having, in so doing, deserved well of his country and mankind in general. He was duly thanked, of course, and we kicked it about from one side of the coach to the other, with many a secret blessing on the donor and the faithful servant who had returned it.
At Palmar, I placed it under my bed, and congratulated myself on having seen the last of it, as the coach rolled away next morning. Vain delusion! At Orizaba, next day, I went into the dilligence office to transact some business, when the agent said to me:
"Señor, you lost something at Palmar, but give yourself no uneasiness; it will be down here to night by the dilligence. They are honest people and would not take anything from you."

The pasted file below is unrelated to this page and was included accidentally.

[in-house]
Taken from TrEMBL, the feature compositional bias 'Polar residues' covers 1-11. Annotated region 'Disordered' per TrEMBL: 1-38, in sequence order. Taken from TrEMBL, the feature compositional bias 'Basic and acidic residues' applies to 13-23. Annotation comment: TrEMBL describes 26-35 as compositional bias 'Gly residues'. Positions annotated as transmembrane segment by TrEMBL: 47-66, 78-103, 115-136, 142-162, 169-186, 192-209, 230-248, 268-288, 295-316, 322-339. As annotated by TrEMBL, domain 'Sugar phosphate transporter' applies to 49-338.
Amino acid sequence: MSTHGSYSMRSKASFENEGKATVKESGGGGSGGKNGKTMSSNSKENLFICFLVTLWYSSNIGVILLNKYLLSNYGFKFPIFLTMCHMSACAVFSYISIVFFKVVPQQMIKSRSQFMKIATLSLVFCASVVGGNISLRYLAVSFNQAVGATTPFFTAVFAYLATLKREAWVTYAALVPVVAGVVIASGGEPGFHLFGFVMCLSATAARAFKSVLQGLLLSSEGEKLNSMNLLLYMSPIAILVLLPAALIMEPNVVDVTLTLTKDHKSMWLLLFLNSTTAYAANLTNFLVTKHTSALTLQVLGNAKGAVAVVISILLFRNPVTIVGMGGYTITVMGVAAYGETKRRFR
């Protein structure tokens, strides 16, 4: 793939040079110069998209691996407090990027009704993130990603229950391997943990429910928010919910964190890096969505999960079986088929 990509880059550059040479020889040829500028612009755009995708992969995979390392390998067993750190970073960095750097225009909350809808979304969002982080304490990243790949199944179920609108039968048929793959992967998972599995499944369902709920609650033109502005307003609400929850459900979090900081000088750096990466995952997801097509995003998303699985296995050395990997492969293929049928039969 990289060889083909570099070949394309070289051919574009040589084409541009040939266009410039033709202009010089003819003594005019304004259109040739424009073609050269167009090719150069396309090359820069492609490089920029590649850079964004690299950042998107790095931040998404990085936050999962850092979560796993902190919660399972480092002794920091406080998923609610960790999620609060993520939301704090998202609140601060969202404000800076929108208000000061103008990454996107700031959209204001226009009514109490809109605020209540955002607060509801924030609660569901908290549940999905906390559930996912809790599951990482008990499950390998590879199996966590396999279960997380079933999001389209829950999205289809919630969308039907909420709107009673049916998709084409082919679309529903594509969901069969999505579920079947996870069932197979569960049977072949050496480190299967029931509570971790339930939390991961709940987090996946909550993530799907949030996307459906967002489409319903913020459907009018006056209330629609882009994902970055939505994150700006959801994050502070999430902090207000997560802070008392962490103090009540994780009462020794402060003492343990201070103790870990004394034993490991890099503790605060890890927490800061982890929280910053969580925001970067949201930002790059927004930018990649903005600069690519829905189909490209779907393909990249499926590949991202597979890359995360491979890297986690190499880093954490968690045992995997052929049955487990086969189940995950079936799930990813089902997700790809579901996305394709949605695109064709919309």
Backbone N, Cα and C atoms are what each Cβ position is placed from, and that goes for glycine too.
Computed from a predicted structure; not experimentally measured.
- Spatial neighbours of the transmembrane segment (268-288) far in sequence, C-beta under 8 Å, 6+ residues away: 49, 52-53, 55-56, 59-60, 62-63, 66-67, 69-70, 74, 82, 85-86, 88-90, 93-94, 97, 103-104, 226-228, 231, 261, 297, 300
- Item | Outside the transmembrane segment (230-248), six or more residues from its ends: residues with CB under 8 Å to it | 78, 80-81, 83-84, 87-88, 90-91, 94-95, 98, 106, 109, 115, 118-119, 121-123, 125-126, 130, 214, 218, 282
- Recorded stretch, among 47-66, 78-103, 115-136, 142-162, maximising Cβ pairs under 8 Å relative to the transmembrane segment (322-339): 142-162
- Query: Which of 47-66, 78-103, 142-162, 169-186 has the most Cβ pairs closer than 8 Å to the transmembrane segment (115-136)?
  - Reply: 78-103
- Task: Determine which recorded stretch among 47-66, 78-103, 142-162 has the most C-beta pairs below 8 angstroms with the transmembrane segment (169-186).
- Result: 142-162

"Was it money that they found?" I asked, affecting a carelessness I was far from feeling.
"O no, Señor: a big rock; very curious indeed, and doubtless very valuable."
My heart was too full for words, and I could only bow my thanks and shake his hand in silence.
On leaving Orizaba I tried it on and failed more ignobly, for it was picked up and placed upon my hatbox, which it smashed down at once; and so in spite of every effort I could make, it clung to me like the nightmare, and turned up in due time at Vera Cruz.
But in that ancient city I was master of the situation. I occupied a room at a hotel, pending the arrival of Mr. Seward from Orizaba,—having gone down to the coast in advance of the remainder of the party from that point—and had no one to watch my actions, with a view of doing me a service on every occasion in spite of myself. I took it one night, carefully wrapped up in paper, and carrying it down to the city front, climbed